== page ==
To better understand how cash back rewards may be considered non-taxable, it’s helpful to think in terms of how traditional product rebates work:

If you buy a refrigerator from a department store, using any payment method, the merchant may offer you a mail-in rebate. By mailing in your rebate with proof-of-purchase, you would receive a partial refund on your purchase. This is basically a post-purchase discount on money spent which the merchant provides to the customer, and therefore, is non-taxable according to the IRS. 

This is comparable to the way that affiliate programs offer rebates online, however, on a much larger, virtual scale which removes the “mail-in” process. It is worth noting, however, that cashback rewards, while similar to rebates, are not regulated by the same entities which address rebates, so while similar, their treatment may be different.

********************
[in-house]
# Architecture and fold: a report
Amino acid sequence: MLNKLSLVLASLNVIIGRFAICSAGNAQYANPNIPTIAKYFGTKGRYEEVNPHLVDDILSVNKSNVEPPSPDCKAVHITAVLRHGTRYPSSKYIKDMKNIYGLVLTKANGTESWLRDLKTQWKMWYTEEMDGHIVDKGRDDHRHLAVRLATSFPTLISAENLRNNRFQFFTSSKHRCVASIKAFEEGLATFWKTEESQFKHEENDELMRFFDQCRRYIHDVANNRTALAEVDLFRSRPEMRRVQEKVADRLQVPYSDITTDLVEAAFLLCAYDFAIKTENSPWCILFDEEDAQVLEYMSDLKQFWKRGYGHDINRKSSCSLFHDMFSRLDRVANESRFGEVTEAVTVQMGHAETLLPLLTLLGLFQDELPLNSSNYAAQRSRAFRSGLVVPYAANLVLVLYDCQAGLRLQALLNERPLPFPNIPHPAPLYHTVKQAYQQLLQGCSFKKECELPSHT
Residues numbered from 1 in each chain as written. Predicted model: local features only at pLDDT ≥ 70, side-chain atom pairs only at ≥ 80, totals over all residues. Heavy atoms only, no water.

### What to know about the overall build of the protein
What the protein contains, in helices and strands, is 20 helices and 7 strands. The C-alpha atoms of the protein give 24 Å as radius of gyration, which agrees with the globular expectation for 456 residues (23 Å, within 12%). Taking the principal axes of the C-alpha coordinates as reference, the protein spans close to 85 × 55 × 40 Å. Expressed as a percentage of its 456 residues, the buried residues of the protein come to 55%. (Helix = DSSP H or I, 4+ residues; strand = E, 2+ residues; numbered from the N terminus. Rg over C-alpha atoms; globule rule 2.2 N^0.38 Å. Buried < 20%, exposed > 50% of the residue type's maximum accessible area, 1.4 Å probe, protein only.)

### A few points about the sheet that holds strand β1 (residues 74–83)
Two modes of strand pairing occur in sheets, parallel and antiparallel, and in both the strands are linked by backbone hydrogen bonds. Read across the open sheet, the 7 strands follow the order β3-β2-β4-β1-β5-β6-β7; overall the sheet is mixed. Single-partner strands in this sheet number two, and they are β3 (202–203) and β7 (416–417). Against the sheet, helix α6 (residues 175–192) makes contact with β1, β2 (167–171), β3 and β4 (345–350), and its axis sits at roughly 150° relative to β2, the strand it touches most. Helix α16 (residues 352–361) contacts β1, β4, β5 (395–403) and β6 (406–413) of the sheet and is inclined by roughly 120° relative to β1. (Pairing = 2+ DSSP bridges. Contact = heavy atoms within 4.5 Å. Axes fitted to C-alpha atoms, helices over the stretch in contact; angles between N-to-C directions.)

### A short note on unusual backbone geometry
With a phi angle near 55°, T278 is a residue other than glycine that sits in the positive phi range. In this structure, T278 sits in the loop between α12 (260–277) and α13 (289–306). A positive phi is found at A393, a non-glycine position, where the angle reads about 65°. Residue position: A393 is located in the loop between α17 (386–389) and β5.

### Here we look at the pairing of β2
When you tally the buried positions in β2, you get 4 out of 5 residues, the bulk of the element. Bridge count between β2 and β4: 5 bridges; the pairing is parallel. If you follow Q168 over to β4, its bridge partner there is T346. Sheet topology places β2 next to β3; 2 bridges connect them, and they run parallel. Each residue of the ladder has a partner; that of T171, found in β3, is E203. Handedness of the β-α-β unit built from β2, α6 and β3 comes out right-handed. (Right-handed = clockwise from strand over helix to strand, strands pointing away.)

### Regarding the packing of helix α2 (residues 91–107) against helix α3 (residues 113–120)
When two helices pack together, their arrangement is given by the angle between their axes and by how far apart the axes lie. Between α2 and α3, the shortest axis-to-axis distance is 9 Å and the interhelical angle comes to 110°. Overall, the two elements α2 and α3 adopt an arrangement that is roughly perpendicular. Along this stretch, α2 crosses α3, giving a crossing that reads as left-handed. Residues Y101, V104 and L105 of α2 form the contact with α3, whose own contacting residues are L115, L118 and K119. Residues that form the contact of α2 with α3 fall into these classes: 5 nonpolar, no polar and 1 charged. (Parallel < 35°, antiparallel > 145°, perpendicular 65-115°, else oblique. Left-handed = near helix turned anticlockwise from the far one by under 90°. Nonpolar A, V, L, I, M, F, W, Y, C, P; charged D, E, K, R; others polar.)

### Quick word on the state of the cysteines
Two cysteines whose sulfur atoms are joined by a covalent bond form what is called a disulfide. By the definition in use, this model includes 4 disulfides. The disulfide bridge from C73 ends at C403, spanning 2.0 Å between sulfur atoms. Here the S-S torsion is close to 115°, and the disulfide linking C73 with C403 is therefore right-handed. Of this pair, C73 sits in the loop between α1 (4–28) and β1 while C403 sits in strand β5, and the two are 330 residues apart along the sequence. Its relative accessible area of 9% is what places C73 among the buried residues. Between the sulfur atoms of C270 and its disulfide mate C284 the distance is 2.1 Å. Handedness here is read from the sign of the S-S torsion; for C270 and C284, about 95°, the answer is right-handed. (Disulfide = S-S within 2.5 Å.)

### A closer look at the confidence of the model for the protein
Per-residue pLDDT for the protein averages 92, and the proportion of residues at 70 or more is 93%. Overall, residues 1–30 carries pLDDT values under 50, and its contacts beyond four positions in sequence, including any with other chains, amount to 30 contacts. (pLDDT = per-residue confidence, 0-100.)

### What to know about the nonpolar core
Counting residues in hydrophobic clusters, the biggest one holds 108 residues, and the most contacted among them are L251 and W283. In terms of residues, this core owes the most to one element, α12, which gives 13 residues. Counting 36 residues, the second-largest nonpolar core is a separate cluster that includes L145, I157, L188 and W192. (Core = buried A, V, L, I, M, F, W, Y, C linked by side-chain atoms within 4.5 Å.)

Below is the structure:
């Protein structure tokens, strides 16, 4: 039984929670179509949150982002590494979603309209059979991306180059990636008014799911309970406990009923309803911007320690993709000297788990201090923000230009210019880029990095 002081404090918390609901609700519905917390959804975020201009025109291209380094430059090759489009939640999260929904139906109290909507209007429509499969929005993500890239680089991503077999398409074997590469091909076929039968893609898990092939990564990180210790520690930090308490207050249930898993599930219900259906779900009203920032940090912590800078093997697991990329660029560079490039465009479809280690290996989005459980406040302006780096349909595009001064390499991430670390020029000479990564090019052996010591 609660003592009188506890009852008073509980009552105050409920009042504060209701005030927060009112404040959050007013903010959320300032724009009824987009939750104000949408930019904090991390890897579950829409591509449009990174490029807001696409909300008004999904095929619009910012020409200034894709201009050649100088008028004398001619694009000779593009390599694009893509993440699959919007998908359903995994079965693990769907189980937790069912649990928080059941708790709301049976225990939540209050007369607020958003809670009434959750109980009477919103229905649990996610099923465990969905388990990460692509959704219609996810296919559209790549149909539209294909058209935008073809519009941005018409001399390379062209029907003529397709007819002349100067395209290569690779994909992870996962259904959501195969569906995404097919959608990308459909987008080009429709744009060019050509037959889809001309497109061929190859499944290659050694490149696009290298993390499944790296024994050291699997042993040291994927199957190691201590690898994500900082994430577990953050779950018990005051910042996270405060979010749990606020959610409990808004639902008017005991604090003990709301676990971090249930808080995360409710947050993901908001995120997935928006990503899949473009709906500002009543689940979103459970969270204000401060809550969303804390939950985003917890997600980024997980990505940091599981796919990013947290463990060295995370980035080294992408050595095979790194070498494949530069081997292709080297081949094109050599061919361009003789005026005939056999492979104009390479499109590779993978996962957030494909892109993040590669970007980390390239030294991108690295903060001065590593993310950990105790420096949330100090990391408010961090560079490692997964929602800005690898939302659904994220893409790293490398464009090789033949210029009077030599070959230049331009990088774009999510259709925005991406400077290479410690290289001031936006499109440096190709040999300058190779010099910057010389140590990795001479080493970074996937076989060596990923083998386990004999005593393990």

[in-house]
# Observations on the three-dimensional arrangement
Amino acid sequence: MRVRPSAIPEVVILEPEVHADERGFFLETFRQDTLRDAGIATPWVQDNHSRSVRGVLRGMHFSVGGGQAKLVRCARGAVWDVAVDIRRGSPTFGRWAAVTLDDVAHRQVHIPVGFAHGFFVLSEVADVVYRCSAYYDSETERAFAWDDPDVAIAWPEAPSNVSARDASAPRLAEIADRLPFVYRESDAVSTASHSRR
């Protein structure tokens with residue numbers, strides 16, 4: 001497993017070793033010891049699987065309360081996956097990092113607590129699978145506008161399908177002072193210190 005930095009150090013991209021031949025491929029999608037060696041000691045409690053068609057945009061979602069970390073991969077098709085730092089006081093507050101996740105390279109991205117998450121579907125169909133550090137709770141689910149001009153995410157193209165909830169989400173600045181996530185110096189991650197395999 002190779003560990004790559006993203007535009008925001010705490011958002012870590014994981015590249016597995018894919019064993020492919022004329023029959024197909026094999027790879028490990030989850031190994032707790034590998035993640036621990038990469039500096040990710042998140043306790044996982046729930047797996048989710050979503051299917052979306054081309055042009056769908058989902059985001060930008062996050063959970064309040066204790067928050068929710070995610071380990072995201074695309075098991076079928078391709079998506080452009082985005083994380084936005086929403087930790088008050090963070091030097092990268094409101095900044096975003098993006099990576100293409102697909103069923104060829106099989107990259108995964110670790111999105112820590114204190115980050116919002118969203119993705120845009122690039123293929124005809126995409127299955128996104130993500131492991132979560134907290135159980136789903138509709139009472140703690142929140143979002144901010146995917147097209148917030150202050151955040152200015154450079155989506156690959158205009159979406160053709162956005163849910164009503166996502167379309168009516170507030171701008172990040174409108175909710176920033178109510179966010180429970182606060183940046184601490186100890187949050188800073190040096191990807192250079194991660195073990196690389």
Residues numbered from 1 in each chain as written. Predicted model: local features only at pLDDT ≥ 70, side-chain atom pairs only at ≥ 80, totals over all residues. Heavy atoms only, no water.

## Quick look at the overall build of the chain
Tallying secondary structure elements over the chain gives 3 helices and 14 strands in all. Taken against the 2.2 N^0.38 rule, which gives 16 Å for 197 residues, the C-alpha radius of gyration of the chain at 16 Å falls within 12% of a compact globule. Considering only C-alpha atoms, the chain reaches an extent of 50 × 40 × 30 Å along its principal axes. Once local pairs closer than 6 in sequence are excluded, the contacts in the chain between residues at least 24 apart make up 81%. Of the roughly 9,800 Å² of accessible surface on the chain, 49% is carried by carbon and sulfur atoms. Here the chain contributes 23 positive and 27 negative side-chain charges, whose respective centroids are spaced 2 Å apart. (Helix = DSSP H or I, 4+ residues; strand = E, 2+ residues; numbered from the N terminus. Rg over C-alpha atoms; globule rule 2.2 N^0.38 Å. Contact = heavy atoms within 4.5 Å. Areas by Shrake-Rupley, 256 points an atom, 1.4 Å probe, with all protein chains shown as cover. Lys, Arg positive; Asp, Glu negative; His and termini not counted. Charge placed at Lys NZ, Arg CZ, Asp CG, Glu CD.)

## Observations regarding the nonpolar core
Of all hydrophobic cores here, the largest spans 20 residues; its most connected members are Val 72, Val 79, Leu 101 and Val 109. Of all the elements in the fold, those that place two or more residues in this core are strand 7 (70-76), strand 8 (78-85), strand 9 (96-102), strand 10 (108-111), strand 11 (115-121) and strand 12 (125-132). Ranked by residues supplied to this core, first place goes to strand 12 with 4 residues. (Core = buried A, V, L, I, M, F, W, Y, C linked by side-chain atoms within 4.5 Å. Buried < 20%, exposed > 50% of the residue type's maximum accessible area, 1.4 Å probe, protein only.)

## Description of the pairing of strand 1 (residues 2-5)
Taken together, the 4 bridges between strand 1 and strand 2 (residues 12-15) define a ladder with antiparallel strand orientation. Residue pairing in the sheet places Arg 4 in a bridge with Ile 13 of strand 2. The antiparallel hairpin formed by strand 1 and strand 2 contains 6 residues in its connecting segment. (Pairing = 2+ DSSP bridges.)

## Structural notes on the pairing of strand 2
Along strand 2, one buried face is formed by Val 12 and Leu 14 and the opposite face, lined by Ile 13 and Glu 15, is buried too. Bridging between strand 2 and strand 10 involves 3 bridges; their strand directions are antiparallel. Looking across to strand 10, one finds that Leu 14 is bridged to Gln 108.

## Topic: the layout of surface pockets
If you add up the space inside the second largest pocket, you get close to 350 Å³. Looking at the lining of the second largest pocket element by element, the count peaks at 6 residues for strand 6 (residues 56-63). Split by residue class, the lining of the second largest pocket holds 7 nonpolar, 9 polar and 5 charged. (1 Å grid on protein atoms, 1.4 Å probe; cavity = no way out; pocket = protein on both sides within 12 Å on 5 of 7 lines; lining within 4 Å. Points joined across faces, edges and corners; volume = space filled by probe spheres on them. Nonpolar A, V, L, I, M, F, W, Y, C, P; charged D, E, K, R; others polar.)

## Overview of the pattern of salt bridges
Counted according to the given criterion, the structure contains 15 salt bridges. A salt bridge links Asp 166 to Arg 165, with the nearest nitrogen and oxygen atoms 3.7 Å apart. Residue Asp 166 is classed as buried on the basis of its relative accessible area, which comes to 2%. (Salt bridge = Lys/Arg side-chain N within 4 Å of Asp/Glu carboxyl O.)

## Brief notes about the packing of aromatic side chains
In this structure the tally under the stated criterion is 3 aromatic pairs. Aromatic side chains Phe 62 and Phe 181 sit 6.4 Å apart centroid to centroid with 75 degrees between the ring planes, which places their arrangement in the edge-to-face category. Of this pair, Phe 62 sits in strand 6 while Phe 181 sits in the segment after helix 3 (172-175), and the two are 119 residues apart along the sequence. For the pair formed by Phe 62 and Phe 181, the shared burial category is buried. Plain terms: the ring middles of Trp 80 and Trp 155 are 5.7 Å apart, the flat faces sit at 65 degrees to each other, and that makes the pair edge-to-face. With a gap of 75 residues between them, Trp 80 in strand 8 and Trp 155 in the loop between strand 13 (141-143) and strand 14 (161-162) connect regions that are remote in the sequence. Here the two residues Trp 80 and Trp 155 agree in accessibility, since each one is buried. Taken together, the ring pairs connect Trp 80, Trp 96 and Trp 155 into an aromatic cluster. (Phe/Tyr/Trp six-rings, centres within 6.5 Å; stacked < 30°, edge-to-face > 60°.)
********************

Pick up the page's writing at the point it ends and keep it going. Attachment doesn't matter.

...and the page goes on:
When shoppers utilize our clients’ cashback rewards extensions to shop, they will receive a cash back reward, funded by the merchant as a percentage of the sale amount, once a purchase is completed and after the settlement period.

In this way, for tax purposes, the cashback reward may be considered a rebate for money spent with a merchant. Typically, any reward you receive that requires a financial transaction is not taxable as income. Instead, the IRS views these as post-purchase discounts. They are not always cash-back programs - they can include travel mile bonuses and accumulated points toward future purchases. 

Generally, when considering tax implications on cash back rewards for shopping, when you spend money to get something else, it’s tax-free.

The Purpose of IRS Form 1099s and How They Can Apply to Cashback Rewards